Missed OpportunitiesWith belt-tightening going on in places of business all over the country these days, getting a promotion can be just as difficult as getting a job in the first place.
“If you’re looking to get promoted, you can’t just do enough,” Debra Wheatman, president of CareersDoneWrite.com tells MainStreet. “You have to exceed expectations and show that you can be relied upon when the going gets tough.”
You also have to refrain from making the more subtle mistakes that many workers don’t even realize can cost them a promotion. MainStreet talked to career experts, managers and bosses to find out what common and often overlooked missteps can stop an employee’s corporate climb dead in its tracks.
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Terminal LatenessYour boss may have accepted the fact that you’re going to get to the office five or 10 minutes past your scheduled start time, but he or she is probably not going to reward you for it. The same can be said for those who rack up an inordinate number of sick days … especially if they decide to document their “mental health days” on various social media outlets.
“If you really want that promotion, only call in sick when you’re actually sick,” says Michael Fertik, CEO of online reputation management and privacy company Reputation.com. “But if you’re going to play hooky, make sure you keep your story straight across Twitter, Facebook and FourSquare.”
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Inappropriate Social MediaIn fact, anyone aiming for a promotion should be extra careful about what gets on their social media profiles in general.
“Having a Facebook page that is in conflict with your professional brand and causes leadership to wonder if they can count on you to represent them well at all times,” Carrie Kruegar, job search specialist who runs the blog Jobfully.com, says. She suggests that users rely on greater privacy settings and never post anything they wouldn't want their boss to see, regardless of whether or not he or she has actually friended them on the network.
Check out MainStreet’s look at the kinds of Facebook posts can cost you not just a promotion, but your job as well.
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Fudging the dress codeWhen someone starts a new job, they often make a point of dressing to the nines, but, as time goes on, adhering to a company’s dress code can become less of a priority for the less-motivated worker. This can be problematic for those seeking a promotion since a bad wardrobe can, in fact, negate all those extra hours they’ve been putting in.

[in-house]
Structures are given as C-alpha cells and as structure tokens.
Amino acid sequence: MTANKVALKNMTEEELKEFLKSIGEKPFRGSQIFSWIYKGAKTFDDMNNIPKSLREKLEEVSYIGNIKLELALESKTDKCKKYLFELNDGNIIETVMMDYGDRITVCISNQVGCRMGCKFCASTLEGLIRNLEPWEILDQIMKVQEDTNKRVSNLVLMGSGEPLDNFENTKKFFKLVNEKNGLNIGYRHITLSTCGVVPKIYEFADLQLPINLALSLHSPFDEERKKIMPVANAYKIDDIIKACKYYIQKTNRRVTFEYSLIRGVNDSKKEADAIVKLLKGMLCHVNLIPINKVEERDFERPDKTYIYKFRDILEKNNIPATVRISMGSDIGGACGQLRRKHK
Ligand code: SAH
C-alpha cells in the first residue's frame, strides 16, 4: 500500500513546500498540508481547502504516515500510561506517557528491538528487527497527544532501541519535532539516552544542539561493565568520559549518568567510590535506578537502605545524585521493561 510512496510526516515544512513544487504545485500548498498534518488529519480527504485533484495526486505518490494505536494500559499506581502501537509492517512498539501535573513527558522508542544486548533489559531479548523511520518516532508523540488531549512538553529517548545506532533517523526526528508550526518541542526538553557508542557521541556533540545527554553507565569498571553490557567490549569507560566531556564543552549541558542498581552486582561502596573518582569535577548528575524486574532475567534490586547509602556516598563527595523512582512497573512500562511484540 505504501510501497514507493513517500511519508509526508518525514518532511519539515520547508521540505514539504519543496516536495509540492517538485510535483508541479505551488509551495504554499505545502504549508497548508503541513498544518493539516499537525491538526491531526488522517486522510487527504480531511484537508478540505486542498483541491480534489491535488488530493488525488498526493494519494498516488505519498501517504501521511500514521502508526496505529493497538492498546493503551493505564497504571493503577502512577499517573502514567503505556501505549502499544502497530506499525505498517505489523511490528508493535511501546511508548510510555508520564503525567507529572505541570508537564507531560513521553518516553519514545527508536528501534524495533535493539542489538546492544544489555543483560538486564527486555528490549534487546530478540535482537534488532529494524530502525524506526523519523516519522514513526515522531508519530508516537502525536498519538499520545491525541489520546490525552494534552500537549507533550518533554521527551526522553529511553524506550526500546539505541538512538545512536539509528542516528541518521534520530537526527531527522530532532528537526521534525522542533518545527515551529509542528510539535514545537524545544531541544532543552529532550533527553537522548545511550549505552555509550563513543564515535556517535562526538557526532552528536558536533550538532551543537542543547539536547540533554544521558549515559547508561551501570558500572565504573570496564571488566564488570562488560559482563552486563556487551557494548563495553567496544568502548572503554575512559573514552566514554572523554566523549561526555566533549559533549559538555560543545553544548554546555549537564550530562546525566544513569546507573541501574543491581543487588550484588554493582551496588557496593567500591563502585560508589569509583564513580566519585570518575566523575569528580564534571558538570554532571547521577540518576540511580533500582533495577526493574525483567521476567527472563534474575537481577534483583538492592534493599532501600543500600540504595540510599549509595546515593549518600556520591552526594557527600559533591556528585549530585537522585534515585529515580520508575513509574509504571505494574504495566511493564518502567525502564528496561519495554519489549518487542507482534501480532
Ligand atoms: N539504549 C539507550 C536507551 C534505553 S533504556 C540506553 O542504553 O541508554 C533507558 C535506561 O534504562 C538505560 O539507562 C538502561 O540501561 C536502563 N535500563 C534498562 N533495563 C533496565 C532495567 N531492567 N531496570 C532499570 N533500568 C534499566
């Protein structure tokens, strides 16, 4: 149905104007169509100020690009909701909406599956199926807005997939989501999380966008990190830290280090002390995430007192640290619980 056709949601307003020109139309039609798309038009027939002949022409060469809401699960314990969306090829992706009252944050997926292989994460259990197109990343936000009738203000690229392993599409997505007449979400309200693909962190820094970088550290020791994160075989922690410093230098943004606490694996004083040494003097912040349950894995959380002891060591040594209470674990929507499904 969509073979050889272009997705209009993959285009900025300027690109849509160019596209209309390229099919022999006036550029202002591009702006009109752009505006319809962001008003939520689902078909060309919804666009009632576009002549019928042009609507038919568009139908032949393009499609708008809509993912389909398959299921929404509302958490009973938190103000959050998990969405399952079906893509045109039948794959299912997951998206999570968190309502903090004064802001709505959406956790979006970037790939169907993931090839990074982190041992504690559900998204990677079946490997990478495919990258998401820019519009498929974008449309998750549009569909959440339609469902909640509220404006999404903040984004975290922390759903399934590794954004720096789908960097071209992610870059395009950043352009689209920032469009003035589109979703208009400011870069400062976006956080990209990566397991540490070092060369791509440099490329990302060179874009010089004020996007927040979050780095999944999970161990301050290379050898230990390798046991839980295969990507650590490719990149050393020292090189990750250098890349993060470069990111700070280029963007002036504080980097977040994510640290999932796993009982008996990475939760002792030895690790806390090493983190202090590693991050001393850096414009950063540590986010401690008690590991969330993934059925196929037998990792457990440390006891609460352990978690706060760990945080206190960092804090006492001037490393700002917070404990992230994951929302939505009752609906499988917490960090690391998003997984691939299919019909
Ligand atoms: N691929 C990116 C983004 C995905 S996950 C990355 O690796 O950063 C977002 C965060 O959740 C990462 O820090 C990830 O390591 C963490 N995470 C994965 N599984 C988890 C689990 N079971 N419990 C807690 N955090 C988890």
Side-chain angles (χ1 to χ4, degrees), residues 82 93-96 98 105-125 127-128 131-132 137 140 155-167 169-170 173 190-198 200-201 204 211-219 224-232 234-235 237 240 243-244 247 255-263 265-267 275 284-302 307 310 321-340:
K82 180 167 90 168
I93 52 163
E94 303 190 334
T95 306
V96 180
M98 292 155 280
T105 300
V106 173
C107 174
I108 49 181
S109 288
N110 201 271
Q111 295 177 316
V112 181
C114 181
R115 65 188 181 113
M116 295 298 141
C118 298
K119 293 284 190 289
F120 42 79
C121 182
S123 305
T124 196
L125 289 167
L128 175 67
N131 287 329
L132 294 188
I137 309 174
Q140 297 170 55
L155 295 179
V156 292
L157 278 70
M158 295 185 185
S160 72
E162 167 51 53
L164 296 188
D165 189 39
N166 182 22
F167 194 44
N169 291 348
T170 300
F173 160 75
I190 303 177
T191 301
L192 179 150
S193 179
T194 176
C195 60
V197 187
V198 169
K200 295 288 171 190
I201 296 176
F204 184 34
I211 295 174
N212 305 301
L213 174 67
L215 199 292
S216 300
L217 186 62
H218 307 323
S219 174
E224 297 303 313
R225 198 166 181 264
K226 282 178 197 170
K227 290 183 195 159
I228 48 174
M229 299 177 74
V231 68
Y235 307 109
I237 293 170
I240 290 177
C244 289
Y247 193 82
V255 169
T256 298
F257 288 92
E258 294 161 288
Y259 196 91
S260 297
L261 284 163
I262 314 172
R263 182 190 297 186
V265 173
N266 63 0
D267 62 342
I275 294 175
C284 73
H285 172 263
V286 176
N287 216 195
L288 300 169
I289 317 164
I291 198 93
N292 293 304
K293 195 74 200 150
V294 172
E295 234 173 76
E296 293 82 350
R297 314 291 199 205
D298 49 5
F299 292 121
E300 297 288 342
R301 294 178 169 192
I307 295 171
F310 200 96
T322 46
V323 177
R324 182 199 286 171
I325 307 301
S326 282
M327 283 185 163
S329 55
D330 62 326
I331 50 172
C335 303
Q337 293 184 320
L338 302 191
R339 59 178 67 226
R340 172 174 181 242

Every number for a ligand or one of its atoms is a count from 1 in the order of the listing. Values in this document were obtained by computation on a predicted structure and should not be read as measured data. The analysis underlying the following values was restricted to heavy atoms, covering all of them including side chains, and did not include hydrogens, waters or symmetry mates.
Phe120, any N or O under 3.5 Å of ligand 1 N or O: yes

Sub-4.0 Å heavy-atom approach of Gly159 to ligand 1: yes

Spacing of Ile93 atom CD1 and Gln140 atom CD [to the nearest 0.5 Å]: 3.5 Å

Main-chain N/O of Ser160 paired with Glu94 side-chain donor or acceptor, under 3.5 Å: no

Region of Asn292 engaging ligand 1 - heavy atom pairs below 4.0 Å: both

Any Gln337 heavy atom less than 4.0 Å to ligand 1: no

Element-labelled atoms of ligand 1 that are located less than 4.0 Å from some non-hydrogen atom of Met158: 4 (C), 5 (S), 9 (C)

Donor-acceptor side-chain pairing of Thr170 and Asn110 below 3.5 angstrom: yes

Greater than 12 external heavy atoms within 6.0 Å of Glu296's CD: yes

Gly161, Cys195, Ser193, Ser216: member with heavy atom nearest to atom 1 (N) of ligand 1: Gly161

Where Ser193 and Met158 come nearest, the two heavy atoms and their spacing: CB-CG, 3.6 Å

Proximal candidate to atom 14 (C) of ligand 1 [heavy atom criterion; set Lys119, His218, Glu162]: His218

“Low cut tops and torn jeans show serious lack of judgement,” Denise Keller, Chief Operating Officer and co-founder of Benchmark Email, a major email marketing service, tells MainStreet. She cited it as one reason she has had to deny promotions before.
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Pigeonholing yourselfRelying on one skill, no matter how good you may be at it, isn’t going to help you move up the corporate ladder.
“To move up, you have to have insight and add value in areas outside your own domain,” Krueger agrees. “Understanding your peers' problems and contributing to solving them is an important step. Being a deep expert in one area with no knowledge of others will hold you back.”
Bruce Hurwitz, president of Hurwitz Strategic Staffing in New York, agrees. He tells the story of a copywriter who couldn’t get a promotion at a publishing house because, while she could write great copy, she was less-than-stellar at editing it.
“Nothing she wrote could ever be sent out without her supervisor checking it first,” he says. “Not only did she lose out on a promotion, but eventually she was fired because, in order to meet a deadline, she sent something out, had not proofread it, and she had made a big mistake: ‘incontinence’ instead of ‘incompetence.’”
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Violating the chain of commandYou may think that reaching out to other higher-ups is a great way to make a name for yourself, but chances are, that’s just going to alienate and upset the person you are actually supposed to report to.
“Don’t go over your bosses’ head,” Wheatman says, explaining that moving up in a company is hard to do when your direct supervisor isn’t in favor of it. “That’s a great way to get off the promotion list.”
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Laying blameSuzie Co-worker may have failed to turn in her part of your team’s project on time, but blaming her isn’t going to earn you any gold stars.
“The buck starts with you,” Wheatman says, explaining that an employer will only want to promote someone who can motivate others or assume control of a project so that, no matter what, it gets done on time.
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